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      Depression, Mental Health and Crisis Support   06/04/2017

      Depression, Mental Health and Crisis Support   Depression and other mental health difficulties are common amongst people on the autistic spectrum and their carers.   People who are affected by general mental health difficulties are encouraged to receive and share information, support and advice with other forum members, though it is important to point out that this exchange of information is generally based on personal experience and opinions, and is not a substitute for professional medical help.   There is a list of sources of mental health support here: <a href="http://www.asd-forum.org.uk/forum/index.php?showtopic=18801" target="_blank">Mental Health Resources link</a>   People may experience a more serious crisis with their mental health and need urgent medical assistance and advice. However well intentioned, this is not an area of support that the forum can or should be attempting to offer and we would urge members who are feeling at risk of self-harm or suicide to contact either their own GP/health centre, or if out of hours contact NHS Direct on 0845 4647 or to call emergency services 999.   We want to reassure members that they have our full support in offering and seeking advice and information on general mental health issues. Members asking for information in order to help a person in their care are seeking to empower both themselves and those they represent, and we would naturally welcome any such dialogue on the forum.   However, any posts which are deemed to contain inference of personal intent to self-harm and/or suicide will be removed from the forum and that person will be contacted via the pm system with advice on where to seek appropriate help.   In addition to the post being removed, if a forum member is deemed to indicate an immediate risk to themselves, and are unable to be contacted via the pm system, the moderating team will take steps to ensure that person's safety. This may involve breaking previous confidentiality agreements and/or contacting the emergency services on that person's behalf.   Sometimes posts referring to self-harm do not indicate an immediate risk, but they may contain material which others find inappropriate or distressing. This type of post will also be removed from the public forum at the moderator's/administrator's discretion, considering the forum user base as a whole.   If any member receives a PM indicating an immediate risk and is not in a position (or does not want) to intervene, they should forward the PM to the moderating team, who will deal with the disclosure in accordance with the above guidelines.   We trust all members will appreciate the reasoning behind these guidelines, and our intention to urge any member struggling with suicidal feelings to seek and receive approproiate support from trained and experienced professional resources.   The forum guidelines have been updated to reflect the above.   Regards,   The mod/admin team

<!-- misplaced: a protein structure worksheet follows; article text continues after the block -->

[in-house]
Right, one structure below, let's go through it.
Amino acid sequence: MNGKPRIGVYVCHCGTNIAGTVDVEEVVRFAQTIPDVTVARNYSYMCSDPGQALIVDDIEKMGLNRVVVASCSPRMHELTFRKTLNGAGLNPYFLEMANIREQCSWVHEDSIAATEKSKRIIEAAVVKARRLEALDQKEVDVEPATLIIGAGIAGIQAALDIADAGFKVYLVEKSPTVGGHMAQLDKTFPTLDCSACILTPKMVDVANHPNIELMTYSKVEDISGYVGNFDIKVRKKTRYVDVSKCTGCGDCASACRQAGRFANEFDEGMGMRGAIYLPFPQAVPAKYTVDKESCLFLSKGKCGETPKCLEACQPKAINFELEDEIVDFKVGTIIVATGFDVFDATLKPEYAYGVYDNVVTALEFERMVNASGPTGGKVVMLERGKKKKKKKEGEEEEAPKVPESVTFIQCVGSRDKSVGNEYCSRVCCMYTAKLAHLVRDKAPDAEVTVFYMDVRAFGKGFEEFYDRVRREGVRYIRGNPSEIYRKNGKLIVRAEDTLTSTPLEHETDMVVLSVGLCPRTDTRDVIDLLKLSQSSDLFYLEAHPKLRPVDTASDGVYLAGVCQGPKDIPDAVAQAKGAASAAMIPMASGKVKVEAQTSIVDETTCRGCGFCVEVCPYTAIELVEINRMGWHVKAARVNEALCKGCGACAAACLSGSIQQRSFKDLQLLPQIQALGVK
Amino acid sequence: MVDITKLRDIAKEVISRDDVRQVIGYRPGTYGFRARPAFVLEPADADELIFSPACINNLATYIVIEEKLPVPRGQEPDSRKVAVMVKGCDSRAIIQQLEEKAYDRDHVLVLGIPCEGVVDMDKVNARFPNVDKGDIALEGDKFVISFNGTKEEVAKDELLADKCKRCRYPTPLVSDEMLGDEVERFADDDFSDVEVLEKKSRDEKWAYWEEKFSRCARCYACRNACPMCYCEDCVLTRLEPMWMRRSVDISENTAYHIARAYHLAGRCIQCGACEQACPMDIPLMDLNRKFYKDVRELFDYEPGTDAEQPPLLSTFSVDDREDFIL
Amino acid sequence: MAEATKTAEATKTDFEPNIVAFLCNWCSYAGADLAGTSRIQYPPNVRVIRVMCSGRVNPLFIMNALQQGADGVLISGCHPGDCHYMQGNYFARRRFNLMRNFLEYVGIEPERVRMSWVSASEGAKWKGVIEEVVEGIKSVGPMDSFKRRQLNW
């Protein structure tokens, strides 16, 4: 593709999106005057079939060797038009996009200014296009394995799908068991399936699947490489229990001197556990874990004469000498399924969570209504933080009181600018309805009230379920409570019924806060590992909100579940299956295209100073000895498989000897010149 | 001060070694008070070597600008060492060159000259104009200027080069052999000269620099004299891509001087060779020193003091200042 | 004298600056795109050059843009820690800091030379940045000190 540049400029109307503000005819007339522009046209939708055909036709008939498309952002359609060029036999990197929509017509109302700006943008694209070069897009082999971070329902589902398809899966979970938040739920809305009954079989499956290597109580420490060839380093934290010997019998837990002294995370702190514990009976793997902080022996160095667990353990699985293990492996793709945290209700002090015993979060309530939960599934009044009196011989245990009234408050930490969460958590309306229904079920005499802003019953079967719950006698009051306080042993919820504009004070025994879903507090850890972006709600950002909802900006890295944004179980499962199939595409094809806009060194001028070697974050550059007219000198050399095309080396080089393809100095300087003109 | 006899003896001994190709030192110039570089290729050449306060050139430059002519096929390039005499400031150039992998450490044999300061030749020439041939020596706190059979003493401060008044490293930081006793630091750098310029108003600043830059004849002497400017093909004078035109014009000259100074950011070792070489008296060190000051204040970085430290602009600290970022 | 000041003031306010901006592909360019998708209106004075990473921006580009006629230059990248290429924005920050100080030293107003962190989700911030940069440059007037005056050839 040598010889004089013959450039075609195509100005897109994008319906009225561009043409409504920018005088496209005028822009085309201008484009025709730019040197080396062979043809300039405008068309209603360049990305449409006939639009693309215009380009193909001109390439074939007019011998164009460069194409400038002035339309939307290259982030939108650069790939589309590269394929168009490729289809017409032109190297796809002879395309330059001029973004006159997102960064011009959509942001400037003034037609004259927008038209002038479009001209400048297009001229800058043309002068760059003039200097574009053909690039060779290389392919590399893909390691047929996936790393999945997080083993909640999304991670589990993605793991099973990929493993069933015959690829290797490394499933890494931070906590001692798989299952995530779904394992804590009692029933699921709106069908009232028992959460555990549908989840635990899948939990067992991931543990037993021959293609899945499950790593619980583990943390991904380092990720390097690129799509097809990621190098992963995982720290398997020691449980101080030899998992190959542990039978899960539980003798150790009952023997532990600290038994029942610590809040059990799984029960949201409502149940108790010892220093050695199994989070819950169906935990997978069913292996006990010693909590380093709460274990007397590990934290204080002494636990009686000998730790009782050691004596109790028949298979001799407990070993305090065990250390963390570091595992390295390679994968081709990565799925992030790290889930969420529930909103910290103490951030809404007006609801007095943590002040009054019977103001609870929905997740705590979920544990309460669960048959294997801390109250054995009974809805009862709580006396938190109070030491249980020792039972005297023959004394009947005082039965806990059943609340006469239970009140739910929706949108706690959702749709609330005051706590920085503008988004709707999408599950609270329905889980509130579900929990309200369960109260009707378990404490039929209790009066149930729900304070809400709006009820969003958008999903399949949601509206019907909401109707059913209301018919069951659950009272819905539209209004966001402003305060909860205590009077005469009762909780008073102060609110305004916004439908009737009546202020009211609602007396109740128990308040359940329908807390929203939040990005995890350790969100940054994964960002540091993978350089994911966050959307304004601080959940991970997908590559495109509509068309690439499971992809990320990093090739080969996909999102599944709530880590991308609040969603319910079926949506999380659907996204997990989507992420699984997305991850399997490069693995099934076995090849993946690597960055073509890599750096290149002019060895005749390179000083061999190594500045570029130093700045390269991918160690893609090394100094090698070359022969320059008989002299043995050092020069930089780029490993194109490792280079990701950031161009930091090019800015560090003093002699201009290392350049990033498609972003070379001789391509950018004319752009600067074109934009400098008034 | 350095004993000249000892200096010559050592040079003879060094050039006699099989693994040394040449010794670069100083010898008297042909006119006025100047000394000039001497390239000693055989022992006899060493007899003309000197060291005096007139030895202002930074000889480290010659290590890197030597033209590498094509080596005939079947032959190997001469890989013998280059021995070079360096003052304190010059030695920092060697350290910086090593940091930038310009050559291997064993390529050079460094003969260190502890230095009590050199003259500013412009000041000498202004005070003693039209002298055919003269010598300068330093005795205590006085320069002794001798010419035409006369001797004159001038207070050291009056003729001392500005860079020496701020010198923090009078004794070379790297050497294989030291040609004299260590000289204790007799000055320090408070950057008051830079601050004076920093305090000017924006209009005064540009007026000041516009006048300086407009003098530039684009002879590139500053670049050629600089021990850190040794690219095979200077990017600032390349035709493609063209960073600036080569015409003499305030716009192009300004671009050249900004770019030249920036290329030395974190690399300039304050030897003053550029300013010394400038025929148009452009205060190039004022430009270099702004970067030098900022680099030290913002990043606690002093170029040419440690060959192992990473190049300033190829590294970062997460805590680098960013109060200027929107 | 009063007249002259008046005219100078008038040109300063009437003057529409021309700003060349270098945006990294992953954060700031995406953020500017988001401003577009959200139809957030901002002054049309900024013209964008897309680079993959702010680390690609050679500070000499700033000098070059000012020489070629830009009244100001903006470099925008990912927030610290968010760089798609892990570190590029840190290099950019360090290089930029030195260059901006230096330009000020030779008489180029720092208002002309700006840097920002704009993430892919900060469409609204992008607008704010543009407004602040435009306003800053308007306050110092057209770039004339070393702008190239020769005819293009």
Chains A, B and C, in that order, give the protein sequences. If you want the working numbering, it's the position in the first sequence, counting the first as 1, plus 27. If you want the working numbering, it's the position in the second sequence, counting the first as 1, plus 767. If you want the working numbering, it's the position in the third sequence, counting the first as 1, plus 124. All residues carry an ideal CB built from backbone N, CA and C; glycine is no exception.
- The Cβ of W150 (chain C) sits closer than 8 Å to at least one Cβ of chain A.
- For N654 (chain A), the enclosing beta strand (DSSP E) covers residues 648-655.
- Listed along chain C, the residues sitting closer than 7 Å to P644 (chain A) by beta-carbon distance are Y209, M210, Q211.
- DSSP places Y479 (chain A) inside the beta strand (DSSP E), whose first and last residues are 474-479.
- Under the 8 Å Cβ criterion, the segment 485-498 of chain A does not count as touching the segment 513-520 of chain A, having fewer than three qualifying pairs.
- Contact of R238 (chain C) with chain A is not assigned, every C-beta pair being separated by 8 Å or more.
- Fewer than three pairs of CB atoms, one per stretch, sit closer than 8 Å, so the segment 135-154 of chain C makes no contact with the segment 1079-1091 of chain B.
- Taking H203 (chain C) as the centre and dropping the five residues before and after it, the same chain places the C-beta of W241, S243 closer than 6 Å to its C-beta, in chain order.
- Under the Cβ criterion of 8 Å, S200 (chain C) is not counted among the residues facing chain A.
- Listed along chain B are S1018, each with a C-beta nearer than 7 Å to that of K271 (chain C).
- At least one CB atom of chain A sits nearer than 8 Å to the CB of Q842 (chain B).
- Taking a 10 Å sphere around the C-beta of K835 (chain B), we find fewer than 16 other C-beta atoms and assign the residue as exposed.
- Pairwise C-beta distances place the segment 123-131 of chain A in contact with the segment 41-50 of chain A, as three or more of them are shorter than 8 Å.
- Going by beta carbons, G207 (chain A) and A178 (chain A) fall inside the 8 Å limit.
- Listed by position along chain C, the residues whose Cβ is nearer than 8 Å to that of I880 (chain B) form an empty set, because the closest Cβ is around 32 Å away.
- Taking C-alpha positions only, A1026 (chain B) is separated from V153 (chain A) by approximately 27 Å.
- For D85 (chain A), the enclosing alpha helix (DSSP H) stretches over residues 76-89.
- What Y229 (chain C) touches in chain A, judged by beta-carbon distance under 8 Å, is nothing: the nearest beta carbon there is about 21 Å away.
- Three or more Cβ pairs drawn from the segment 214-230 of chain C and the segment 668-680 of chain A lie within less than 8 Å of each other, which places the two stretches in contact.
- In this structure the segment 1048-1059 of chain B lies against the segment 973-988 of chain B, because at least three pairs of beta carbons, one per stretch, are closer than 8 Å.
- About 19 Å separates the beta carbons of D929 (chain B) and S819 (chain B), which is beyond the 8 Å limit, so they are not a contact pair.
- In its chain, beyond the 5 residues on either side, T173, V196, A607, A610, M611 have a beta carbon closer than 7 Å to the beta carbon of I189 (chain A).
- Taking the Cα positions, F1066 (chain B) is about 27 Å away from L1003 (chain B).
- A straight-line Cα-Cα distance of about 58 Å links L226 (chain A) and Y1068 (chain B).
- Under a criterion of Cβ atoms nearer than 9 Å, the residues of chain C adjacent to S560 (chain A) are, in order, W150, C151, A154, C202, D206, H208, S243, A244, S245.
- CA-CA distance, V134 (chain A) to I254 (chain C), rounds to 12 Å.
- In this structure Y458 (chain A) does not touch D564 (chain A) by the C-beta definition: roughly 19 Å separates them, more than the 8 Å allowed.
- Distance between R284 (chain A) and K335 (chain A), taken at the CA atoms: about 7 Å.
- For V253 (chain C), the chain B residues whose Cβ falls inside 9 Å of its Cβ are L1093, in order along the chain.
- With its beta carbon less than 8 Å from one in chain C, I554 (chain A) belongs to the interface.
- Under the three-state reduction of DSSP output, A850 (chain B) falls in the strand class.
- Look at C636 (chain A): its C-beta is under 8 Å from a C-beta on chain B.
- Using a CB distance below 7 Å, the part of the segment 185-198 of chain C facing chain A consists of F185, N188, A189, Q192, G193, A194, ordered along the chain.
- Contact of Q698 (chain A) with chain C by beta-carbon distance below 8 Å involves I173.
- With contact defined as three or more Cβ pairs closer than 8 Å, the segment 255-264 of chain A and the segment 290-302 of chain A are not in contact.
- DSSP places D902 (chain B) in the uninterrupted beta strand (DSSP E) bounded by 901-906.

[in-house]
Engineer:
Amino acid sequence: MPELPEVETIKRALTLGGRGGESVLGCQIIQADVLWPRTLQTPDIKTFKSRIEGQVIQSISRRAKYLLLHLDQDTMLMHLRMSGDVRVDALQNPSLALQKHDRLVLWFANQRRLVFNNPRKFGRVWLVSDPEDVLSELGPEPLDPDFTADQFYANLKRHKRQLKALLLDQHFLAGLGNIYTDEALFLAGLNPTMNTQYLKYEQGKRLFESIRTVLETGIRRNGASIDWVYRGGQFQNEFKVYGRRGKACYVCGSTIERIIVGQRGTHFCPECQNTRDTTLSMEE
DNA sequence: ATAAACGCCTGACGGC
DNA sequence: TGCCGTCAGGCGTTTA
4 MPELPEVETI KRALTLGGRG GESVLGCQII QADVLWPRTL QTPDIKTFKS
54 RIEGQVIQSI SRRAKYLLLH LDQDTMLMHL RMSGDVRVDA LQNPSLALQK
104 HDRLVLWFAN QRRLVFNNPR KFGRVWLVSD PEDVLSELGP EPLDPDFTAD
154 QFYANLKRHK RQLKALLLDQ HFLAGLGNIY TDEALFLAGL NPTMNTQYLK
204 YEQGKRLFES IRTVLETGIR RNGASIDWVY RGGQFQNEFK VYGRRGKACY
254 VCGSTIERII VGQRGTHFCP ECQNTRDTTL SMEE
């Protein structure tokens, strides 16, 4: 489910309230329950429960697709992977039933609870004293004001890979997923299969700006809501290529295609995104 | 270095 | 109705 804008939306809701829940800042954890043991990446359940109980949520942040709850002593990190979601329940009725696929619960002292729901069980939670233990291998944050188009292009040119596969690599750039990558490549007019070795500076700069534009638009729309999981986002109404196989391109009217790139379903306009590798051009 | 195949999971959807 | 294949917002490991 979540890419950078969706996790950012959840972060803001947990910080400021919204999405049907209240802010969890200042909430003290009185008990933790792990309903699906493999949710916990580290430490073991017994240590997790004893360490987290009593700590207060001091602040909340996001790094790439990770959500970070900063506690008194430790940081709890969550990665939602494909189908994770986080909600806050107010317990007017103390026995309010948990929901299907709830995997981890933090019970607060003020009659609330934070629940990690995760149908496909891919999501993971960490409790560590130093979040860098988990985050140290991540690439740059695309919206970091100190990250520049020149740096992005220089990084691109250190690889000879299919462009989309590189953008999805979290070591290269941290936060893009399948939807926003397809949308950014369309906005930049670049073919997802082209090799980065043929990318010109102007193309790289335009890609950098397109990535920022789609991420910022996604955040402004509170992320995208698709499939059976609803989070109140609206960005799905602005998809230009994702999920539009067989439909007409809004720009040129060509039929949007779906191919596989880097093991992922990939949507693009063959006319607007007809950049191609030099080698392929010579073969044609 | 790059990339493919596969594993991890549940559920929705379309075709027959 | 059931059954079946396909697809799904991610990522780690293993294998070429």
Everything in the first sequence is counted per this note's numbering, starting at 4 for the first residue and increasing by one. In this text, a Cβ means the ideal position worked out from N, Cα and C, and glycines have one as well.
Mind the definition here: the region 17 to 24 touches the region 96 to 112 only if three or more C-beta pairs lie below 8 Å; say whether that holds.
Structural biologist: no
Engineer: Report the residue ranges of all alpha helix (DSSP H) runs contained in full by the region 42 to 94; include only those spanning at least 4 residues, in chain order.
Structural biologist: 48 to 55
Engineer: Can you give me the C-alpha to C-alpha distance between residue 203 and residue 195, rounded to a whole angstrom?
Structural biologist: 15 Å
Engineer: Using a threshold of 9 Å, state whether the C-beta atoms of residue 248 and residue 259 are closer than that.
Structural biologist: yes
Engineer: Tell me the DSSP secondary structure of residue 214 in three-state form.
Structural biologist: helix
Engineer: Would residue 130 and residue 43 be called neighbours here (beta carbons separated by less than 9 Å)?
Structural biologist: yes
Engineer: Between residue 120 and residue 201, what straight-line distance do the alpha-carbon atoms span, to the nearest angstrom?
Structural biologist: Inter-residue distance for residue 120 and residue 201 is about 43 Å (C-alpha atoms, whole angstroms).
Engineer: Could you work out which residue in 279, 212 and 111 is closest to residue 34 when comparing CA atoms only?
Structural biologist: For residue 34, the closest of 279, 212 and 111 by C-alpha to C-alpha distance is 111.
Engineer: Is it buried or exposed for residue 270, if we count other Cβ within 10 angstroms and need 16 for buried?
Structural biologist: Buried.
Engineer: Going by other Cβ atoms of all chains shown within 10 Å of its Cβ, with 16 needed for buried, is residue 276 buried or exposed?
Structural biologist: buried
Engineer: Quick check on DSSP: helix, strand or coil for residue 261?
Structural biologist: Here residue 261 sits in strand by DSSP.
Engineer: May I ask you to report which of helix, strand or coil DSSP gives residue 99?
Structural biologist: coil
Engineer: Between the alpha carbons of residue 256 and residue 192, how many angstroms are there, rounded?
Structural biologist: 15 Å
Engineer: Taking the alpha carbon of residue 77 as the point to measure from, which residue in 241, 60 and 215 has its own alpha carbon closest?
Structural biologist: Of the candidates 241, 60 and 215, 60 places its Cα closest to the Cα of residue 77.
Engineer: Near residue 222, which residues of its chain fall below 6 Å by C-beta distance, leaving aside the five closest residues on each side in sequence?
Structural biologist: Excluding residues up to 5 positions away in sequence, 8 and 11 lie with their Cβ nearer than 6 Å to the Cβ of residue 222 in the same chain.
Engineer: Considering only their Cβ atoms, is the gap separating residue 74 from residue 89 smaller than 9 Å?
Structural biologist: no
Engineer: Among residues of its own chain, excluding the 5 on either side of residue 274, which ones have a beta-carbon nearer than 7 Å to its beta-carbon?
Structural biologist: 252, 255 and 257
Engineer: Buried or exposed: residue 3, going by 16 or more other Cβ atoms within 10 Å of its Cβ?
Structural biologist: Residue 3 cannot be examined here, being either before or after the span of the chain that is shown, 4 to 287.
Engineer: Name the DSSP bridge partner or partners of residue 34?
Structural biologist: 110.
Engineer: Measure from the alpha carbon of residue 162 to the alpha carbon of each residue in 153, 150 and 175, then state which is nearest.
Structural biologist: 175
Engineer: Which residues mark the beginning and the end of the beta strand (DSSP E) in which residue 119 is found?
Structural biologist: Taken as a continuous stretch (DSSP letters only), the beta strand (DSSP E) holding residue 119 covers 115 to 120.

tomcat

Post dx, where do I go from here?

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tomcat   

I'm looking for some advice from any out there who can help me. I was diagnosed as being HFA in January shortly after my 32nd birthday, after being given the official diagnosis was handed a photocopy of an NAS leaflet and sent on my way with no further advice from the psychologist or my GP. There are no services in my area for Autistic adults with the exception of an NAS social group that I've been unable to find any information on other than an email address which I've received no response from as yet. The closest place for any interaction, socialisation or advice is Glasgow, around 30 miles and a ton of stress and anxiety away. This just a few short miles away from NAS Scotland's flagship/Crown Jewel, Daldorch House. "Daldorch provides a fusion of care and education across 24 hours for children and young people from 5 to 18 years. In addition, continuing educational opportunities and supported living arrangements are available for young people from 16 to 21 years. In addition the school offers an outreach service for individuals from 5 to 25 years." Effectively over the age of 25, you don't exist. On being diagnosed I was happy, finally we had a name for my differences, we could get things done, move forward with our lives and get the help and advice we needed........ only to hit brick wall after brick wall. Sorry, as I type this I'm starting to realise the resentment and anger that I've been hiding from everyone, myself included.